January 7, 2013 | Alex
One of my 2013 new years' resolutions is to make time for cultural events that intrigue me. Too often, I read about an event and think, "I am absolutely going to check that out!" But invariably, I fail to set a concrete date and time, weekends become consumed with chores and projects, and by the time I'm ready to go, the event is closed. I am still kicking myself for missing Carsten Holler:Experience at the New Museum.
Not this year! So this past Saturday, two friends and I waited 50 minutes in the cold (but thankfully sunny) weather to see Ann Hamilton's the event of the thread at the Park Avenue Armory-- the day before it closed.
It was just as mesmerizing as the accounts I'd read. The Park Avenue Armory, if you haven't visited, is an extraordinary space. The historically preserved rooms were still decked out in their holiday best, with birch wrapped columns and magnolia wreaths.
And the airplane-hangar sized drill hall that inspired Ann Hamilton's installation is just awesomely massive. When you live in New York, it's easy to forget the impact that big spaces can have. When you walk into the drill hall, your jaw just about hits the floor from the sheer cavernous size of the venue.
I'll spare you the details, because an Arts reviewer I am not, but here's a 10-second summary: the space was filled with 42 wood plank swings (two-seaters) suspended from the ceiling by metal chains and connected via a pulley system to a giant white sheet suspended across the center of the drill hall. As the swings move, the curtain undulates.
There were ancillary features, including a series of readings on the interconnectedness of humans and animals that were broadcast through brown paper packages scattered on the ground throughout the drill hall, an opera singer belting out similarly-themed song from a terrace and a handful of standard issue NYC pigeons in the loveliest bird cages I've ever seen.
All that was interesting, but the main event was clearly a) giant swings; and b) a hypnotizing writhing mass of silk that you could lie directly underneath until you felt your eyelids grow heavy. Swinging was SO, MUCH, FUN. I cannot remember the last time I was on a swing (swung?). And I have certainly never been on a swing with the range of Ann Hamilton's swings. If you got enough momentum going, you could clear the head of an adult male of average height at your apex (we saw this happen-- guy was looking at his phone and walked right in front of a swing.)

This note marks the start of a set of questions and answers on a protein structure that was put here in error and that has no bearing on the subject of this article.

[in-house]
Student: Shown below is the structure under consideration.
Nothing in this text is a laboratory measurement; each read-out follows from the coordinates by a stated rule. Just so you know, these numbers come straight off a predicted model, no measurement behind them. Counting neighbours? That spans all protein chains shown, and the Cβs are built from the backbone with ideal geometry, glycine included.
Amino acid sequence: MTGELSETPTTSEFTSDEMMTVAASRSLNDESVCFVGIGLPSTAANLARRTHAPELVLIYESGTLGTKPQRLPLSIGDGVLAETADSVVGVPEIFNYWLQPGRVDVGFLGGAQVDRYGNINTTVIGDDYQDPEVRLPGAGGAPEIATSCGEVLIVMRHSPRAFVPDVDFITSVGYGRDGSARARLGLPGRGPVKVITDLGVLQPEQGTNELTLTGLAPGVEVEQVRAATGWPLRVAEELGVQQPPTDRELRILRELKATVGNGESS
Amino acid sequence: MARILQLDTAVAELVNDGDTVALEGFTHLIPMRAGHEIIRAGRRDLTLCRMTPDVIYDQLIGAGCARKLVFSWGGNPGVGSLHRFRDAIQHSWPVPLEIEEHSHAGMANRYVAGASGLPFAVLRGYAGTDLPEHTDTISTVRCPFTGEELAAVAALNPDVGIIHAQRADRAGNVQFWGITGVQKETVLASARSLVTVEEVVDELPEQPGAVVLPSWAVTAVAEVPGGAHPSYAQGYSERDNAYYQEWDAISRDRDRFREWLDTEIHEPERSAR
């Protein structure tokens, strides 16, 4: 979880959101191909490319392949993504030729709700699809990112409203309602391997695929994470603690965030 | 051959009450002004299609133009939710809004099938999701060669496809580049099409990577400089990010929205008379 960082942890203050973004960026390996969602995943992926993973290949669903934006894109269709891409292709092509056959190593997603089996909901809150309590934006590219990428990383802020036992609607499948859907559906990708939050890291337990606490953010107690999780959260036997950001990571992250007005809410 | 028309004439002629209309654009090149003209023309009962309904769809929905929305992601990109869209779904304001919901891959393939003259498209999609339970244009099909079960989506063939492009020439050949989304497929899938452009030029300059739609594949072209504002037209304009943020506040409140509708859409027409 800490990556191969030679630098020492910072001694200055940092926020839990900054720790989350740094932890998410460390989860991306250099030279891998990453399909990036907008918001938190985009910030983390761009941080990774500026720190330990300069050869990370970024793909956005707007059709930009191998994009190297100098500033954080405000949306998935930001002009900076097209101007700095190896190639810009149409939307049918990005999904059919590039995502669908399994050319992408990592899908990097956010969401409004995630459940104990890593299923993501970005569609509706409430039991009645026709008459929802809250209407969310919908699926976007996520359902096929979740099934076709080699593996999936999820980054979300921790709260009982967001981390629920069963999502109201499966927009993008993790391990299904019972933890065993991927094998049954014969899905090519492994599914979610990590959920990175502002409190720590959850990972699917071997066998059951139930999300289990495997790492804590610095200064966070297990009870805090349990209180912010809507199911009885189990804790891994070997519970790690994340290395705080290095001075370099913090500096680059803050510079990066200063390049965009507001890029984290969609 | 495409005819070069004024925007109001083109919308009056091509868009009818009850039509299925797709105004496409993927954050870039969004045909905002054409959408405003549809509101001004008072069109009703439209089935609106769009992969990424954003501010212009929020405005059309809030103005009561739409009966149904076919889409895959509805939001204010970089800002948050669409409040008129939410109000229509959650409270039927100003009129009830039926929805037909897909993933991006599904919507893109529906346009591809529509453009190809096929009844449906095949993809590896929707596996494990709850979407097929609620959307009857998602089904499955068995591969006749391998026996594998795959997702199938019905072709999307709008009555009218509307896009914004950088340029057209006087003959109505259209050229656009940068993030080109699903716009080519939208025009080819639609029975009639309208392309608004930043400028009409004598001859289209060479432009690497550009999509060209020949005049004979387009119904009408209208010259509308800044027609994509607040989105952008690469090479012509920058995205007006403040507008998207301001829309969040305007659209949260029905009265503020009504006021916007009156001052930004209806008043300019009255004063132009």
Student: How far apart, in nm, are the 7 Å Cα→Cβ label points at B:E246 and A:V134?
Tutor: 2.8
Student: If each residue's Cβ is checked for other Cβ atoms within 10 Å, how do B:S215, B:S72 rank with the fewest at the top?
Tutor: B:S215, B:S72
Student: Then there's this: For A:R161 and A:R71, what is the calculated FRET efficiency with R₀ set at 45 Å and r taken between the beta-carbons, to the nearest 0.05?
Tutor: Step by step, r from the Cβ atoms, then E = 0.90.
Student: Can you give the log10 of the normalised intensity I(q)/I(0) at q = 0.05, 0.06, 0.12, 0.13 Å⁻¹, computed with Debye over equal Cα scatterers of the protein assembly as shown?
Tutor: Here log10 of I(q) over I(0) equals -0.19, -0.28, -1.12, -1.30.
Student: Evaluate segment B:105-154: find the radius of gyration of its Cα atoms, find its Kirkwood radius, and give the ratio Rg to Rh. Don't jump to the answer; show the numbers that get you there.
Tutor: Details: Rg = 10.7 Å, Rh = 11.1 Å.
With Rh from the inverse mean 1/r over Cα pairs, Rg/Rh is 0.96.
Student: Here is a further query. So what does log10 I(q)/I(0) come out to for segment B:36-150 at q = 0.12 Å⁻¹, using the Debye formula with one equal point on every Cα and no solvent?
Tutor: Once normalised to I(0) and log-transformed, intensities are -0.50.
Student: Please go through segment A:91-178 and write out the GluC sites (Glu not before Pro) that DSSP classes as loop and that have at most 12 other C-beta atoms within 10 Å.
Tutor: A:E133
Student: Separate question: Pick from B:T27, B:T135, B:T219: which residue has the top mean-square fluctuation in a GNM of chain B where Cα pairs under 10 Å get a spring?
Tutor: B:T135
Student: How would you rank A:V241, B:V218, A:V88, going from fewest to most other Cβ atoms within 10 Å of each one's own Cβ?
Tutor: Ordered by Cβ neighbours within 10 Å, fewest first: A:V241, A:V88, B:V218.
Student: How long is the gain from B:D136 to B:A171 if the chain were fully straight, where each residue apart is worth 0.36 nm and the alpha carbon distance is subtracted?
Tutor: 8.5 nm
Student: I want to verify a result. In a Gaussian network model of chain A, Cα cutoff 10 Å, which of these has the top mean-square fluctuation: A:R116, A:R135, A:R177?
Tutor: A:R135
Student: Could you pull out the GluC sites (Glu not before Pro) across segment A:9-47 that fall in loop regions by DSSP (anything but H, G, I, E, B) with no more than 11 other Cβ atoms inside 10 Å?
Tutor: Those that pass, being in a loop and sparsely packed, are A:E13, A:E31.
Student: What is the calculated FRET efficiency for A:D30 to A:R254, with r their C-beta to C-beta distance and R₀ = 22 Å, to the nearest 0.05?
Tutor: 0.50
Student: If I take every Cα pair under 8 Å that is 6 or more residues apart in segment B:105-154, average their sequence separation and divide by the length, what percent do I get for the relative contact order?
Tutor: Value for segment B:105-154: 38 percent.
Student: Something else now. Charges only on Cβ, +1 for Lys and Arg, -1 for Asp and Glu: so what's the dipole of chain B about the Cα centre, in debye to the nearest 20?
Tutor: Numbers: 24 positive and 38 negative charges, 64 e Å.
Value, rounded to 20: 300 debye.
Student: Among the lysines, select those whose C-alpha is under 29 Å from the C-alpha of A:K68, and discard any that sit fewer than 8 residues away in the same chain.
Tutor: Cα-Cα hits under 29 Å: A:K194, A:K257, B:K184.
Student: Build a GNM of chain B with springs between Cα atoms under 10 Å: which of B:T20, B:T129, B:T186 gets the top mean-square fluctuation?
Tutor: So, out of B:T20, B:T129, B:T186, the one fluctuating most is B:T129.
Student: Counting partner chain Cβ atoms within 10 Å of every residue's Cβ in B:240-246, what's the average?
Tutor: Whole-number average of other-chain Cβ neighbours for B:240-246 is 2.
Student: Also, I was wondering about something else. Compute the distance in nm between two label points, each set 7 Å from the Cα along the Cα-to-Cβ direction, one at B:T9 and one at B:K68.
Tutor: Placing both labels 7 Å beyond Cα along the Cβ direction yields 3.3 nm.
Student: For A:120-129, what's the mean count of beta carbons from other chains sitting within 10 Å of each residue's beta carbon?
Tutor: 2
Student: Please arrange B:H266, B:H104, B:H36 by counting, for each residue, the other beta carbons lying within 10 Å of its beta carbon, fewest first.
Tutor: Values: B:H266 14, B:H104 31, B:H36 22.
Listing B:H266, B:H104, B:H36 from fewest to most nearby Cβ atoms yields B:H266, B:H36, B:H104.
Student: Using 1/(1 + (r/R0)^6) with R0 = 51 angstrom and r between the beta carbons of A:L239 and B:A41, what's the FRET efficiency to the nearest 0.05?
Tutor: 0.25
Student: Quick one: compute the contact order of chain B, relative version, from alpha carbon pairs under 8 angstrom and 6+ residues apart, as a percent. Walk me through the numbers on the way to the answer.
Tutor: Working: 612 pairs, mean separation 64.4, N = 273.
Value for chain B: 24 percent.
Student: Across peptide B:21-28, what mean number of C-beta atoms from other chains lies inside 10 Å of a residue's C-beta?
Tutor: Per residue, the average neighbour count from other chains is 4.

It started me thinking about the joy of swinging. I like, but don't love, rocking chairs. I get that the motion is similarly soothing, but to reach maximum fun levels, I need to be suspended off the ground. Enter the swing. I love swings. I feel a knife twist in my heart every time I walk past the sign outside Swing Valley at Brooklyn Bridge's Pier 6: "Swings are for children only." I mean, I get it, you can't have teenagers monopolizing a playground meant for children. Nor creepy adults hanging around. But maybe the world would be a better place if there was an hour a day set aside for people over 10 years who just want a little swing therapy?
Barring a change in city policy, a good alternative is to install one in your home! My apartment is not exactly swing-friendly, but I'd like to image that one day I could live in a space that could accommodate a swing. To reconnect with your inner child, here are a few inspiring images of indoor swings-- plus one outdoor swing that was too enticing to exclude.
Okay, technically this next one's a trapeze, not a swing. But I'm including it because this mom deserves the "Cool Mom of the Year" award (and has got to be on a truck load of anti-anxiety meds to allow this, right?)